If you’re interested in expanding your views concerning librarianship, academia and where information literacy fits in, then you might be interested in joining this discussion on Information Literacy Journal Club tomorrow. Barbara Fister gave the keynote at the LOEX conference in May. I didn’t attend but her keynote is available for reading. I love presentations like this, the ones that make you gasp with disfavor while also making you think “well, maybe…ya”. She has a great way of dissecting our current practice and theories, then throwing them back at you along with a big honkin’ question mark as in “Really? Is this really how we should do things?”.
She offers six outrageous (her words) claims:
- Research papers should not be part of the first years experience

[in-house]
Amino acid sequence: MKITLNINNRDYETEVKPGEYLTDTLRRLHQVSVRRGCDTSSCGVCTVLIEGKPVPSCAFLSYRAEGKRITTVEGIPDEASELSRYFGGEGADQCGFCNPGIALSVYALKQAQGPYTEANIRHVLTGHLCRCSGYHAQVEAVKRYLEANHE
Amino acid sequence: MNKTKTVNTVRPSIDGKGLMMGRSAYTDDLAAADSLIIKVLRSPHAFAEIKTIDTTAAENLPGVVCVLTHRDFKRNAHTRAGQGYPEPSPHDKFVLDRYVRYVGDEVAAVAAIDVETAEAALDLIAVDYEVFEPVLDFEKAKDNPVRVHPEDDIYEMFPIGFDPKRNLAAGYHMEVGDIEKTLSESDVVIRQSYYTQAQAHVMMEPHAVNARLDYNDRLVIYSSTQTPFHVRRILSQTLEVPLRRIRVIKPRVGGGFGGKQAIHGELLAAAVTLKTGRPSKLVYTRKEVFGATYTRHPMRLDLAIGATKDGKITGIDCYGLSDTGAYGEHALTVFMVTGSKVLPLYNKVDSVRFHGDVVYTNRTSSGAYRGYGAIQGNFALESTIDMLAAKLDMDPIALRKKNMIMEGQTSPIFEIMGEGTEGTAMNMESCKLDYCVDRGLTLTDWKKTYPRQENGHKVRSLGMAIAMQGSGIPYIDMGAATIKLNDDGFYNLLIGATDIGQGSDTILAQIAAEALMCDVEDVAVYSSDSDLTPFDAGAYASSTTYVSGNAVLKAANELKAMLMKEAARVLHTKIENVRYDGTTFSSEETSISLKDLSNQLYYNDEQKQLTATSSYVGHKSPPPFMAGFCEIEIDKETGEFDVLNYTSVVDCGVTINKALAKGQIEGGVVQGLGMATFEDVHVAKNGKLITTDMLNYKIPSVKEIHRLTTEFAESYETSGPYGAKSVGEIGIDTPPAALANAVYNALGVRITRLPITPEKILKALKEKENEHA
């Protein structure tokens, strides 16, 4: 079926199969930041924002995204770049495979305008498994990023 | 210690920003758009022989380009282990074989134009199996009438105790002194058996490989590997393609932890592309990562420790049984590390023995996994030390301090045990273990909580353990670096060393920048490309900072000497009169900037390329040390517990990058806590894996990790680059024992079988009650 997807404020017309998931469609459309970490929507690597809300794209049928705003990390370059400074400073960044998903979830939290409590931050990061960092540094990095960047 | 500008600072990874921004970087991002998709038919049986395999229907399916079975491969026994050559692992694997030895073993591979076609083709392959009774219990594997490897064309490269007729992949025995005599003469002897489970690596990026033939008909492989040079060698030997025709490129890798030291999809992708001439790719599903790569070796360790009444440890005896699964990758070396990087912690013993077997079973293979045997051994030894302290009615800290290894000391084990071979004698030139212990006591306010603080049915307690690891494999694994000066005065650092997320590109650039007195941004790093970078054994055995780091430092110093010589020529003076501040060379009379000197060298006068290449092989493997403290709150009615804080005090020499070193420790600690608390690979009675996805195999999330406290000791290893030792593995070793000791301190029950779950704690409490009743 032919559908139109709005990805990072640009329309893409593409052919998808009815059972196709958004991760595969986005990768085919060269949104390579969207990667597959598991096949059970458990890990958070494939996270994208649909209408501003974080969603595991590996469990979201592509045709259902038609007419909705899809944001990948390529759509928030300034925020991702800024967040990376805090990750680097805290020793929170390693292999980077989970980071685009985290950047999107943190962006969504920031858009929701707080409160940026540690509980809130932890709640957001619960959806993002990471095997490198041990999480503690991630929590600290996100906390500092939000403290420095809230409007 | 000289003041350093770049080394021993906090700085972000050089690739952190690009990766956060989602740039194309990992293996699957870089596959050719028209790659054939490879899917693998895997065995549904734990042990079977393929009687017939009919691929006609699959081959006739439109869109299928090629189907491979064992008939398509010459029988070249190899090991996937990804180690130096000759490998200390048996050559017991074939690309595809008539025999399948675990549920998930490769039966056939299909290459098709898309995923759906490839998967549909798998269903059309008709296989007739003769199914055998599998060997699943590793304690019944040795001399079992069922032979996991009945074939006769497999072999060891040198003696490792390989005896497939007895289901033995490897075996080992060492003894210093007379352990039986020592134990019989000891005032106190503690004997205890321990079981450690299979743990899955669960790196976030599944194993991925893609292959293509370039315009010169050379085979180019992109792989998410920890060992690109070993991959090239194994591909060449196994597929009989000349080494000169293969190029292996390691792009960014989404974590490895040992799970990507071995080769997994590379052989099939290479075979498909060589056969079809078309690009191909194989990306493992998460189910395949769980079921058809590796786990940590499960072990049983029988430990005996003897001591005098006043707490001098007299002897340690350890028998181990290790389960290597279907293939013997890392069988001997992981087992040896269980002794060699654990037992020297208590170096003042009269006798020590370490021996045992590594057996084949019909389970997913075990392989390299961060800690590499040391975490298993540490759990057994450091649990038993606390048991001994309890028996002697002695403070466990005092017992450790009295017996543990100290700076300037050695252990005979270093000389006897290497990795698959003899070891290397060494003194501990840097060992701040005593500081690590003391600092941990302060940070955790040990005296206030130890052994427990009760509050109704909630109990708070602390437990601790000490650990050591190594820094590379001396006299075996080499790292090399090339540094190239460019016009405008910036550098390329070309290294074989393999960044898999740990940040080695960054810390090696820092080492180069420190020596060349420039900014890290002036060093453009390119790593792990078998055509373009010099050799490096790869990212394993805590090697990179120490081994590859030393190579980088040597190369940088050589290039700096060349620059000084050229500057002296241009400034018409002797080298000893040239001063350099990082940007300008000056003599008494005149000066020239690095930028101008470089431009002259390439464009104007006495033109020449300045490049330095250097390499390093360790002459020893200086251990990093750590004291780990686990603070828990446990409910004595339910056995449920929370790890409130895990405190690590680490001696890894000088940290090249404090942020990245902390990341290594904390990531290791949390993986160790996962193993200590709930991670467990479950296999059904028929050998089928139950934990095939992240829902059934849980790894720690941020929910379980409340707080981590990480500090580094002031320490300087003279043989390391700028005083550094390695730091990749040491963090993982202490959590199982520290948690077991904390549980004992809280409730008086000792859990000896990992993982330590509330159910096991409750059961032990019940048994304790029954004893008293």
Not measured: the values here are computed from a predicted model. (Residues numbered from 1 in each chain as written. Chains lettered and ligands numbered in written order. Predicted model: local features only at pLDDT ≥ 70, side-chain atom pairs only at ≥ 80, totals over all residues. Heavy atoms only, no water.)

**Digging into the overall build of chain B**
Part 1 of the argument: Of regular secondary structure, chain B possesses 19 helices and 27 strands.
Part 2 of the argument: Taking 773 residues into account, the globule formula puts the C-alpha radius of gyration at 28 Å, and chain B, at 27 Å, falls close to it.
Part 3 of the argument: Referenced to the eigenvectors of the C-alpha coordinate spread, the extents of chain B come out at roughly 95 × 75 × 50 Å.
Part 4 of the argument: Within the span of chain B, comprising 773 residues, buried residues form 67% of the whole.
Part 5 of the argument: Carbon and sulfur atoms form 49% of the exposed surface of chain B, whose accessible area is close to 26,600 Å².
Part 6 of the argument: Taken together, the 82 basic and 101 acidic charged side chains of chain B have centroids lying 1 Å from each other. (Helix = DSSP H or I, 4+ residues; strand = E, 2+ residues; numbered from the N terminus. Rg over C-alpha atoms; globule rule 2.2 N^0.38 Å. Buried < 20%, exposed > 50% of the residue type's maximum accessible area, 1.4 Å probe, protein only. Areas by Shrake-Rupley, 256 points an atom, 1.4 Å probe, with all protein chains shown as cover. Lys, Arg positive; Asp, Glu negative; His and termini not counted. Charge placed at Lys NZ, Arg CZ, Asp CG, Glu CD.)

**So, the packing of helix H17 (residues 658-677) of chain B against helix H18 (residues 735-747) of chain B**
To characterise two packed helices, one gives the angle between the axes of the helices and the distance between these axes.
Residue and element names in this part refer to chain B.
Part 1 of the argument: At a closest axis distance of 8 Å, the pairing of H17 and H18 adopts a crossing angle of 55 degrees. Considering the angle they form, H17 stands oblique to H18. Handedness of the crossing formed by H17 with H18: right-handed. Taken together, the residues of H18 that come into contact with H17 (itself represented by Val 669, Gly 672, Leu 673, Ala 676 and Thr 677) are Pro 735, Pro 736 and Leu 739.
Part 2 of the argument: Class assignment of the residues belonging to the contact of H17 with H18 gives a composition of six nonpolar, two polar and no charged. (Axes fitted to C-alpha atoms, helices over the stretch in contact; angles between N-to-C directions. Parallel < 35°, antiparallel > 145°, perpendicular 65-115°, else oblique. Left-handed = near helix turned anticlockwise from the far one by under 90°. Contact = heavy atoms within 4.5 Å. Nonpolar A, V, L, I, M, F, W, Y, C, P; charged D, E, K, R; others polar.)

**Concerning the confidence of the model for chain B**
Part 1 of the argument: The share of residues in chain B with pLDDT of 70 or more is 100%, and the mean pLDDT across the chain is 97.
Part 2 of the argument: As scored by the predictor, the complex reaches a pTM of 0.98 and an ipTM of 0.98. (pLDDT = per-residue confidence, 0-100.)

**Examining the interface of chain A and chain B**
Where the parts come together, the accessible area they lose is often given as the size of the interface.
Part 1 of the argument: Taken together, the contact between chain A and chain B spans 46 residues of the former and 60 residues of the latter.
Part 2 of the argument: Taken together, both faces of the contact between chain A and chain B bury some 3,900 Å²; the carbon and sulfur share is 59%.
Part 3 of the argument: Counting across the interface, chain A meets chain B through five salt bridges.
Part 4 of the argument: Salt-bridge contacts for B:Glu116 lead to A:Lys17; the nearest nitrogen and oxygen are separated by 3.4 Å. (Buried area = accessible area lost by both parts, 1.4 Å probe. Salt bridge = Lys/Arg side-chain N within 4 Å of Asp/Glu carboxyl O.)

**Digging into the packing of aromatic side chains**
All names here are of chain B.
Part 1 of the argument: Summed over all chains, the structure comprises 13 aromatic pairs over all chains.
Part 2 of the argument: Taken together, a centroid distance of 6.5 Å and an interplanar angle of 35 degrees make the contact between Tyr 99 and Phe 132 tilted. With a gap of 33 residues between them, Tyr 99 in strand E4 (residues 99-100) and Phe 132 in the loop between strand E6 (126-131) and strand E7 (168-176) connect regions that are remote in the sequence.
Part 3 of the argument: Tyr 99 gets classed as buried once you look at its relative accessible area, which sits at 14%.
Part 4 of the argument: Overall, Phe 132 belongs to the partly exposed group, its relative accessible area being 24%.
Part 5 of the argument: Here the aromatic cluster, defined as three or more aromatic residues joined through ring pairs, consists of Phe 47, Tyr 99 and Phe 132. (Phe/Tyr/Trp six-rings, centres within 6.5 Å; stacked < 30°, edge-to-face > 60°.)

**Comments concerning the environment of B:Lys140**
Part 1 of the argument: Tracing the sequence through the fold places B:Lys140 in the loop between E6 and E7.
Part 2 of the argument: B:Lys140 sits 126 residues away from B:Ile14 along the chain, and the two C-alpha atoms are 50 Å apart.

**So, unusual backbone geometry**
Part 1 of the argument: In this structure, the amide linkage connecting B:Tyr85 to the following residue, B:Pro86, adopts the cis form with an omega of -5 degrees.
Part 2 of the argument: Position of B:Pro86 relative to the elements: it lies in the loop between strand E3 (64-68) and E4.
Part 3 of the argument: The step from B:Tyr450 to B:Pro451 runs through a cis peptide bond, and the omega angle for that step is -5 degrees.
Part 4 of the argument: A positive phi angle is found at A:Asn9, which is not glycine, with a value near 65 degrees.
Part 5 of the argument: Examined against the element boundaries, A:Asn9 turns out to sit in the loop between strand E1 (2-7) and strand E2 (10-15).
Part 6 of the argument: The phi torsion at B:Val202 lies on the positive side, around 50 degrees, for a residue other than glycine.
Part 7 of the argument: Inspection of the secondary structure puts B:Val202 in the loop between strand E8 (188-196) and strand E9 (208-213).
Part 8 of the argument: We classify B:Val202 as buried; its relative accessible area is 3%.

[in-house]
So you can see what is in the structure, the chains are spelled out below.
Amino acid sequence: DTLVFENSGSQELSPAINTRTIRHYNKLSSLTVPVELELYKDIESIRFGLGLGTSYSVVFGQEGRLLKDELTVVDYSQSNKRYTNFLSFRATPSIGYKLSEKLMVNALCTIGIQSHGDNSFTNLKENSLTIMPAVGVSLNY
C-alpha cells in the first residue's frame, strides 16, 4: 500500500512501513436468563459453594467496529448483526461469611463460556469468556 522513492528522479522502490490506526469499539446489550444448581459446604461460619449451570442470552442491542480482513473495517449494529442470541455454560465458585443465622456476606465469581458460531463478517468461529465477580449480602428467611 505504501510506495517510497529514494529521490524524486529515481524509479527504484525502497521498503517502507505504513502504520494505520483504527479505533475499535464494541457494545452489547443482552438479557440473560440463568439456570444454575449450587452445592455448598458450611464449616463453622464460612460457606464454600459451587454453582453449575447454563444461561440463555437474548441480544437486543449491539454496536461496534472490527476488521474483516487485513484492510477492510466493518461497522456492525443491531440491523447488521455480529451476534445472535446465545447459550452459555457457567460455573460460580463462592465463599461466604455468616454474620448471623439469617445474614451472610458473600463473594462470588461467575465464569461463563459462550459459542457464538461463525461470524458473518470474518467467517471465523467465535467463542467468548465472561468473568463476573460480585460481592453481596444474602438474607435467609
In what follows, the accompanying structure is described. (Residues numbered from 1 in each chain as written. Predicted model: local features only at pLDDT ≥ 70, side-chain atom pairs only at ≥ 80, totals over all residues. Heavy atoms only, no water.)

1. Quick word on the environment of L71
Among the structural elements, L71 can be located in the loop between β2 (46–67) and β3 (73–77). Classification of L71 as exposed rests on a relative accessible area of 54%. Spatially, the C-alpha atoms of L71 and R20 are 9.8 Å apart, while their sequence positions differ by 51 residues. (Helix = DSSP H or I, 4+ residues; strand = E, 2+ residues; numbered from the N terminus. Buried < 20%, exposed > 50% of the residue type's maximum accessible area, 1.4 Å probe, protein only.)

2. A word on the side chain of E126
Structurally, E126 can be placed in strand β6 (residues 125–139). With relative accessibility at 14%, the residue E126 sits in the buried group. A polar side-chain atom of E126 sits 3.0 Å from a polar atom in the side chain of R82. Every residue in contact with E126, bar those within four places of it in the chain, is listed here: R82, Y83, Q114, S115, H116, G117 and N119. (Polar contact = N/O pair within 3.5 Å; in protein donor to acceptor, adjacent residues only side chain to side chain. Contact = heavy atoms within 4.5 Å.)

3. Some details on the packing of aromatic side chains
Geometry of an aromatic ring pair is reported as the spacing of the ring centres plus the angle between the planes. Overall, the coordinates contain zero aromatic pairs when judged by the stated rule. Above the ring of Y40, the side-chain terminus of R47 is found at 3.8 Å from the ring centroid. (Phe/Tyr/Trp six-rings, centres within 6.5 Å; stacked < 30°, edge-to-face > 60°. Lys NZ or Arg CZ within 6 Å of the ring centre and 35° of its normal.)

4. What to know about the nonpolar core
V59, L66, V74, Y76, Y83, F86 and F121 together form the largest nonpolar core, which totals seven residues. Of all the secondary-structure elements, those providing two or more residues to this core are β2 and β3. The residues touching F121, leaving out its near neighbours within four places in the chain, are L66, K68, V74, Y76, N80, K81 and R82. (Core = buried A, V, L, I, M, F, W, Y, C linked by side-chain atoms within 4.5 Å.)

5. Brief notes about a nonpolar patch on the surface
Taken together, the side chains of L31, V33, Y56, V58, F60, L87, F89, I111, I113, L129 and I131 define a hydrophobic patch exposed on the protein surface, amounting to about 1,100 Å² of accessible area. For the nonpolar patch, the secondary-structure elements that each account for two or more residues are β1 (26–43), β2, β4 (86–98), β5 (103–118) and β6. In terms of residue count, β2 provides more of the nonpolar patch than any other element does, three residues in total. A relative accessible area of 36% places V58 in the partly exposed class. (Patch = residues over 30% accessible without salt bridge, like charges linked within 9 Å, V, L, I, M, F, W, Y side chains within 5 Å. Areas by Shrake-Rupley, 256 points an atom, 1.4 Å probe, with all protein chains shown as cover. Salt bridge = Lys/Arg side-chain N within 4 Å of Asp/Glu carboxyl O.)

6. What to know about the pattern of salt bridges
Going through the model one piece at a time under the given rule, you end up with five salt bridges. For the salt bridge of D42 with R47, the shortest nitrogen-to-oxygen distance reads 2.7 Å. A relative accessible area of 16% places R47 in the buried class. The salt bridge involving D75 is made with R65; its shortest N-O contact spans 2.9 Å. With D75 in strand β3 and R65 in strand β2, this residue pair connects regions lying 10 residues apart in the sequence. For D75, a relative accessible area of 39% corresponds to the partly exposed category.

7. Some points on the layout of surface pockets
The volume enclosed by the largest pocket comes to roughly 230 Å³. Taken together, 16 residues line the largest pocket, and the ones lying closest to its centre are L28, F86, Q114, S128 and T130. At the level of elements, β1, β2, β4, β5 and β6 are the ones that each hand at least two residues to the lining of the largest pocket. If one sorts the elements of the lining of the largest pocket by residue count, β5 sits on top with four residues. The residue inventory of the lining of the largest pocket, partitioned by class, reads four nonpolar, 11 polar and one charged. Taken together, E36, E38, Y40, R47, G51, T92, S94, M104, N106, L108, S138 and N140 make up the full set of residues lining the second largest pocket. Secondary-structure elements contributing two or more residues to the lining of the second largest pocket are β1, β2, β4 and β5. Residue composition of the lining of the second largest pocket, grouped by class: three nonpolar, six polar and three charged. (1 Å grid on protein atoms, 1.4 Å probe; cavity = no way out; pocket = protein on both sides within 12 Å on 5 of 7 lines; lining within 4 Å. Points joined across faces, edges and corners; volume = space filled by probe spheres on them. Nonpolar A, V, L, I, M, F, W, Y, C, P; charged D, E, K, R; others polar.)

- We should stop teaching students how to find sources.
- Very rarely are citations needed.
- We should stop policing plagiarism.
- We should stop implying that “scholarly” means “good”.
I almost feel dirty for agreeing with some of these. But I really think this is exactly what we need right now. For the past few years, the concept of information literacy has become rather big and almost unmangeable. We try to keep up by redefining or renaming it (transliteracy, digital literacy, metaliteracy), probably focusing a little too much on the semantics. Hopefully this discussion will encourage a whole new perspective.
I think her claims probably feel threatening, because if you begin applying some of them to what we do as librarians, it almost puts our entire profession into a bigger limbo. Teaching students how to find sources, encouraging them to use scholarly material, these are all things that have defined what we do for a long time. Take them away and we begin to feel irrelevant.
However, in reality, I think it does the opposite. It gives us permission to completely re-imagine our role, one that supports long lasting and meaningful learning for our students.